Tips for the Wannabe Reader

In an earlier post, I gave you reasons why you should read theology books.  But even if you have the desire to become a committed reader, it’s sometimes difficult to follow through on that commitment.  Maybe a friend has allowed you to borrow the latest book they’ve been raving about, and you ferociously devour the first few chapters.  But then the pace slows.  Slower.  Sllooowwweeerrr.  Halt.  Before you know it, weeks have passed by without you cracking a book, and you can’t even find the book when your friend wants it back.  Sound familiar?

I’m going to be honest.  Reading can be difficult, and I don’t mean reading comprehension.  Rather, regularly feeding your mind through the consumption of books is arduous.  I am passionate about reading, but there are still times when I don’t feel like poring over a work of theology, even when I know I should.  It takes discipline.

So if this is you, I have some suggestions to get you started.  Maybe you finally see the importance of reading and want to dive in, but you don’t know how or where to start.  Well, here are five tips for that person:

1.  Start small.  When you first start working out you don’t start lifting the same weight as the veterans, do you?  Unless you’re a freak of nature, the answer is no.  Reading is a discipline, one where your “muscles” need to be developed before lifting the heavyweights of Owen, Calvin, etc.  Therefore, I wouldn’t recommend starting with Calvin’s Institutes because of its length.  Rather, you should consider beginning with a shorter work.  J.I. Packer’s Knowing God would be a good starter, or maybe Vaughan Roberts’s God’s Big Picture if you want a simple book to help you understand how the big story of the Bible fits together.  For good suggestions, talk to your pastor about where to start.  Don’t randomly grab one from the theology section in the nearest bookstore, even if it’s Lifeway.  Bookstores are full of books with really bad theology, so start with a recommendation from a trusted source.  After a while, you’ll have a good idea of the authors who are good and those who are bad.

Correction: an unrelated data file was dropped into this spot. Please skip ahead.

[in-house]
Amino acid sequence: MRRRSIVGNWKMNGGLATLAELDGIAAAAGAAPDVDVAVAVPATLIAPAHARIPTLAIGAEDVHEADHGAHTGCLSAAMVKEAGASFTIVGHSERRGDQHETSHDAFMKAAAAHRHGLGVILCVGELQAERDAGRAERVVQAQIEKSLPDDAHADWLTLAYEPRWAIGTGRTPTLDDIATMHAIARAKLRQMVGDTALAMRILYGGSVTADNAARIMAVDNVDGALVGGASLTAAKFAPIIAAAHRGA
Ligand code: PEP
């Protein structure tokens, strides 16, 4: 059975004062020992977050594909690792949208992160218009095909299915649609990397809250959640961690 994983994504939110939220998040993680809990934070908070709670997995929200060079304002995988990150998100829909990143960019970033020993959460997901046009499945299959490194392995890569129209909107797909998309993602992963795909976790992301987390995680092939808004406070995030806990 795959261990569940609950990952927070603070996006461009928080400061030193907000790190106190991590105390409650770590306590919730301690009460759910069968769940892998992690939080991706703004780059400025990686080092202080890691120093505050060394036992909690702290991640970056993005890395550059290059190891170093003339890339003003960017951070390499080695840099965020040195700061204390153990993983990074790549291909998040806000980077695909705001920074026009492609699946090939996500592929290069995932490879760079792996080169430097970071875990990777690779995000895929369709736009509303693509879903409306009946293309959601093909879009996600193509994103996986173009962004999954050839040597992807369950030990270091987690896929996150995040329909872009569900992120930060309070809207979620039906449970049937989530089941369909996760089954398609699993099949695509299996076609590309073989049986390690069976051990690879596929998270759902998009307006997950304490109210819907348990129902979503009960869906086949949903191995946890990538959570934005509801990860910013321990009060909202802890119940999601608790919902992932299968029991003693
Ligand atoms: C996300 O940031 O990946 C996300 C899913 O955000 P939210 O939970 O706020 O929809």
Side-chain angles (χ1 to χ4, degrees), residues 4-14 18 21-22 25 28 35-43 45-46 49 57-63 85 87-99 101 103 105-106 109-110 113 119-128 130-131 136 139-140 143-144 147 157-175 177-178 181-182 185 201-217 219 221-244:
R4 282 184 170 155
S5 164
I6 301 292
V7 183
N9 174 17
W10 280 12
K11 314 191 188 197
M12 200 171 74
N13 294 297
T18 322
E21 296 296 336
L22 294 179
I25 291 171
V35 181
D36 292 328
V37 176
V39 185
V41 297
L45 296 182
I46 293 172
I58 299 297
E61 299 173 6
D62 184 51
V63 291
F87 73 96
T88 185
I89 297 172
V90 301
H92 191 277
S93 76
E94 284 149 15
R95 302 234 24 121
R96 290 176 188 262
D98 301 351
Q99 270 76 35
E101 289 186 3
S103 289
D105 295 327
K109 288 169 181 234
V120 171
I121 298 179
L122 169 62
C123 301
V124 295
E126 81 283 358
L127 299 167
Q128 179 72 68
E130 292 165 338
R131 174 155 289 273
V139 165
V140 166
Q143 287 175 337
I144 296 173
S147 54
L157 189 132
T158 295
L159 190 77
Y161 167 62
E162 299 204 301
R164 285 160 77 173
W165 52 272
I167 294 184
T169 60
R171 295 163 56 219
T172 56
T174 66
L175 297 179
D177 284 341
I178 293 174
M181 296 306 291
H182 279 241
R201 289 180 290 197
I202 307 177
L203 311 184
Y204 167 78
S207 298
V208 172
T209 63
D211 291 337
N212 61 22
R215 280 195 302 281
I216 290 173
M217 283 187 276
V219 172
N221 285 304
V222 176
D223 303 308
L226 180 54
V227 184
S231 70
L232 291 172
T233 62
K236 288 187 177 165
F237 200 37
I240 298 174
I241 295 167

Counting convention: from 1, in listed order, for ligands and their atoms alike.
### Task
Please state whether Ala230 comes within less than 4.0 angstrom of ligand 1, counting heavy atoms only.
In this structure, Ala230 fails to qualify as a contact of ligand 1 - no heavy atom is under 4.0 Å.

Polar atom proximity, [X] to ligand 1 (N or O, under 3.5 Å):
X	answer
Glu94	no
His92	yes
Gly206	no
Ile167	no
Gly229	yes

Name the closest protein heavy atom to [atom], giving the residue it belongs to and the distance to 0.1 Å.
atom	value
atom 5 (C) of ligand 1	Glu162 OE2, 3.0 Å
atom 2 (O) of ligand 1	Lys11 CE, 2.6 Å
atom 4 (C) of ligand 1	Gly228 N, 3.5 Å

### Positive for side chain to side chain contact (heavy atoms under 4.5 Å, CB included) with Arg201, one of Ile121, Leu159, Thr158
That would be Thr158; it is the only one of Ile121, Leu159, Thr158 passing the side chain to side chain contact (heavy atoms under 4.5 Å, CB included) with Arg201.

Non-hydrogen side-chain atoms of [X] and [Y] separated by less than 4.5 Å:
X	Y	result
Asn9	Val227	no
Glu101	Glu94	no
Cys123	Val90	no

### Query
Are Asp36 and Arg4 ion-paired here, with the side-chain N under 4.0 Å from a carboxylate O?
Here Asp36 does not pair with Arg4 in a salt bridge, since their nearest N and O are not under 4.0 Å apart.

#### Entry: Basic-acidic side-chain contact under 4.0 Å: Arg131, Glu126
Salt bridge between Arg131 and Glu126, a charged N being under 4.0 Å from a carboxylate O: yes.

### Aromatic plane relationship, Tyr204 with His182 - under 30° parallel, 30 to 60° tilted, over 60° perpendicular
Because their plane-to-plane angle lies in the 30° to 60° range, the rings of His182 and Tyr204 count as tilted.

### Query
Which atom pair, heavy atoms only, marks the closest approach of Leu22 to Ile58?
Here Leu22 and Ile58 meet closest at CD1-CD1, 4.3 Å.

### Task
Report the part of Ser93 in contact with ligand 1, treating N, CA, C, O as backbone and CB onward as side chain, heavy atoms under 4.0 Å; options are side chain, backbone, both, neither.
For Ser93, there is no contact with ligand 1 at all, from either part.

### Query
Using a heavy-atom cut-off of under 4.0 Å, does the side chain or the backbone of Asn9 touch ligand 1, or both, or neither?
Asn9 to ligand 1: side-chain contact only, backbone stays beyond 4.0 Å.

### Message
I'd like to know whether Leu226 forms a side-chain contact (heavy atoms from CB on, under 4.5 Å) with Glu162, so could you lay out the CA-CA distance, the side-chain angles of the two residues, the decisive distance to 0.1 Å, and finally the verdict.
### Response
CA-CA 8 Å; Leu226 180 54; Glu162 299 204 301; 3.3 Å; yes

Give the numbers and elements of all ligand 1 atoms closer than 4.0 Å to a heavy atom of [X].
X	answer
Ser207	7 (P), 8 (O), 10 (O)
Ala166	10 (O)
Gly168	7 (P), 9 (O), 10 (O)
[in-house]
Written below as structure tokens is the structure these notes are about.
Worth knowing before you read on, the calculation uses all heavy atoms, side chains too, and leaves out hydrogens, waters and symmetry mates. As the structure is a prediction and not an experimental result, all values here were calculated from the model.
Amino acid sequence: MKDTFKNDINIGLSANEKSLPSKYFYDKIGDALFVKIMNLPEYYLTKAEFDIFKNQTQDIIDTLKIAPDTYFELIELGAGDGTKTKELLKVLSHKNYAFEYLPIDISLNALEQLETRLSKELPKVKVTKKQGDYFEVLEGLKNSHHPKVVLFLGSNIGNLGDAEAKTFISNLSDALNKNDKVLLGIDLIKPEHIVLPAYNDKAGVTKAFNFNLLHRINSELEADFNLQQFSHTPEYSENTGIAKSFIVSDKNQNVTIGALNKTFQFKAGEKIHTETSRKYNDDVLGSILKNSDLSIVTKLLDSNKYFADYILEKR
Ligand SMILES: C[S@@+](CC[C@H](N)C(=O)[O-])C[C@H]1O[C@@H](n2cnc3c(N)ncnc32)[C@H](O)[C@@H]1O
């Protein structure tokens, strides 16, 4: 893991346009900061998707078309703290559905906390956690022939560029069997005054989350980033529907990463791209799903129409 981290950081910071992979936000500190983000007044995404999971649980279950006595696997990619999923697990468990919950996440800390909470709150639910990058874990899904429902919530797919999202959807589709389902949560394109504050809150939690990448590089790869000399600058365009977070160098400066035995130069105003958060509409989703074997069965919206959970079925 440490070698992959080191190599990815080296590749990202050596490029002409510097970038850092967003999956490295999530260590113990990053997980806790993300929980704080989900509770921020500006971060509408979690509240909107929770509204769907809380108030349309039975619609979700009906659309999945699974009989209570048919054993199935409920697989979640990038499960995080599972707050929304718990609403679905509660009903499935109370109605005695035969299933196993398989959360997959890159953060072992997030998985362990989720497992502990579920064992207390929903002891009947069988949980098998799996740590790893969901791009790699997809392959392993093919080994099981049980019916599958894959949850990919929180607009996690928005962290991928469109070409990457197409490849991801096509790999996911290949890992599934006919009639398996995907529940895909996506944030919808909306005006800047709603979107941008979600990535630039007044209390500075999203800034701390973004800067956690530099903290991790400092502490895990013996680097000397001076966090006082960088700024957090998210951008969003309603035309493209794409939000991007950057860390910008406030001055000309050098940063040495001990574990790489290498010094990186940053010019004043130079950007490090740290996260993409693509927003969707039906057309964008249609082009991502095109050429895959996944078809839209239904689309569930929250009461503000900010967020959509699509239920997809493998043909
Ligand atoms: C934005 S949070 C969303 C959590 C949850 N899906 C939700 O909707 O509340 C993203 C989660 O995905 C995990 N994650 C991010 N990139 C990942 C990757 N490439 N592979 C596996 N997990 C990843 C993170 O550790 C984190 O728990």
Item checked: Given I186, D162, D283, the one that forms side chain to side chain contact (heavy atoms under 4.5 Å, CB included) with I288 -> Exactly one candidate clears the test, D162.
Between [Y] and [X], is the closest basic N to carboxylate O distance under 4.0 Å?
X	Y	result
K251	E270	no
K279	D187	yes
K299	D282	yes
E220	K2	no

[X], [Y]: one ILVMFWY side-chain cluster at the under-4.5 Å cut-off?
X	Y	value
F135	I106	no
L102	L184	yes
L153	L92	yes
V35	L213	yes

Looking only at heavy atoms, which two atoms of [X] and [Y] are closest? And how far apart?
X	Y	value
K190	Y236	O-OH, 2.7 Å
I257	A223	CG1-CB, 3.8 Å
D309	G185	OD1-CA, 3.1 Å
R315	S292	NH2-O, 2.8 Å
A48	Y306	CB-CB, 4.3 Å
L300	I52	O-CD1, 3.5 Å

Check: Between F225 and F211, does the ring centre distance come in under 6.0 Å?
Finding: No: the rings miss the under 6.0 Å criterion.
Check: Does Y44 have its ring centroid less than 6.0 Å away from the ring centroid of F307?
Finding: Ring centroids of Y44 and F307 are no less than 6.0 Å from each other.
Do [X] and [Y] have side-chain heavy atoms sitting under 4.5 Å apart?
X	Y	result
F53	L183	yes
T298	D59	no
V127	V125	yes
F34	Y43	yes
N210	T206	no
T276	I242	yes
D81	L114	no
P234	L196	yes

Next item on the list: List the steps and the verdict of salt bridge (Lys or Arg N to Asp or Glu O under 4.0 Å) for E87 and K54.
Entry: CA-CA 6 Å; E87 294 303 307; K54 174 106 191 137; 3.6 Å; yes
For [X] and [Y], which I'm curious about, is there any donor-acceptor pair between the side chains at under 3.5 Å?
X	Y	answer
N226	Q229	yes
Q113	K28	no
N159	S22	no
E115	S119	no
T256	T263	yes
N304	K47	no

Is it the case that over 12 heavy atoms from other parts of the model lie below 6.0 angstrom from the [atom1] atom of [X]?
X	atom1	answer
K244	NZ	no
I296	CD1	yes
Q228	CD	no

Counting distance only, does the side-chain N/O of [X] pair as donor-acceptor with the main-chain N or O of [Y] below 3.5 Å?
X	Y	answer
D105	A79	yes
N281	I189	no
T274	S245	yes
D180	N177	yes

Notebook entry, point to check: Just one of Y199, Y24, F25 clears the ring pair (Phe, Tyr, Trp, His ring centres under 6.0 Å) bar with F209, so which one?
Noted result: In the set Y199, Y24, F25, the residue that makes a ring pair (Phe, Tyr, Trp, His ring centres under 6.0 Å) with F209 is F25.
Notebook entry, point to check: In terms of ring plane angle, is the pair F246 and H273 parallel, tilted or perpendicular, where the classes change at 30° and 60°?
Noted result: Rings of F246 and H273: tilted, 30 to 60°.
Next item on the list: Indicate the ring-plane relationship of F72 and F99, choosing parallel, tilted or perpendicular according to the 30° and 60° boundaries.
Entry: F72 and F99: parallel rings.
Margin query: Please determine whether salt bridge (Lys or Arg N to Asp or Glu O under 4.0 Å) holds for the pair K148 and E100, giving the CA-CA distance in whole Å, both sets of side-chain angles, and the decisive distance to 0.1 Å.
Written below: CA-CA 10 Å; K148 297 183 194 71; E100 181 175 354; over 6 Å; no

2.  Start with a group.  To continue on with the exercise motif, it’s always easier to persevere in working out when you have a partner or a group.  This is basically true in all areas of life.  Things are easier when you’re not alone.  Reading is no different.  Ask a few of your friends to read through a book with you, and meet once a week to discuss what you’re reading.  This will help in a couple different ways.  First, it brings accountability.  Nobody wants to be the guy that shows up and has to say, “Sorry guys, I didn’t get my reading done this week.”  Secondly, you’ll grow as a reader when you see the truths that others are gleaning from the same book that you’re reading.  Maybe you’re not asking the right questions as you read, and that will become apparent when others begin discussing.  Start with a group.  Maybe it will help you keep going when you seem to be bogged down in the middle chapters.

3.  Set a schedule.  I’m not saying be legalistic about a schedule, but it’s always helpful to have time built into your daily routine solely for the purpose of reading.  For example, instead of watching that fourth episode of The Office, say you’re going to devote thirty minutes a night to reading.  If thirty is too long, cut it down to fifteen.  The key is that you’re disciplining yourself and making progress into the book.  Find whatever time works best for you.  But as a side note, I wouldn’t recommend reading theology as you’re laying in bed.  Often, that is meant for works of fiction, books which don’t require much mental work.  You need to be somewhat fresh to receive the maximum benefit from theological books.

4.  Remember the goal.  Page count is not your goal in reading.  Knowing and loving God more is always the goal of theological reading.  Don’t lose sight of that.  If you’re devouring pages simply for the pursuit of mental knowledge, you’re wrong.  I’m not saying the acquisition of theological truths is wrong; rather, if those truths are not changing our hearts, we’re missing the whole point.  Reading theology should change who we are, not just how well we handle theological discussions.  Remember, read to the glory of God, not to your own glory.

5.  Just do it.  I know, I know, that’s not very original, but it is true.  You can talk about or study reading, but eventually you just have to do it.  That’s the only way you’ll grow as a reader.  So, find a good book, and dive headlong into it.

What tips would you offer to wannabe readers, or what has helped you improve your skill?

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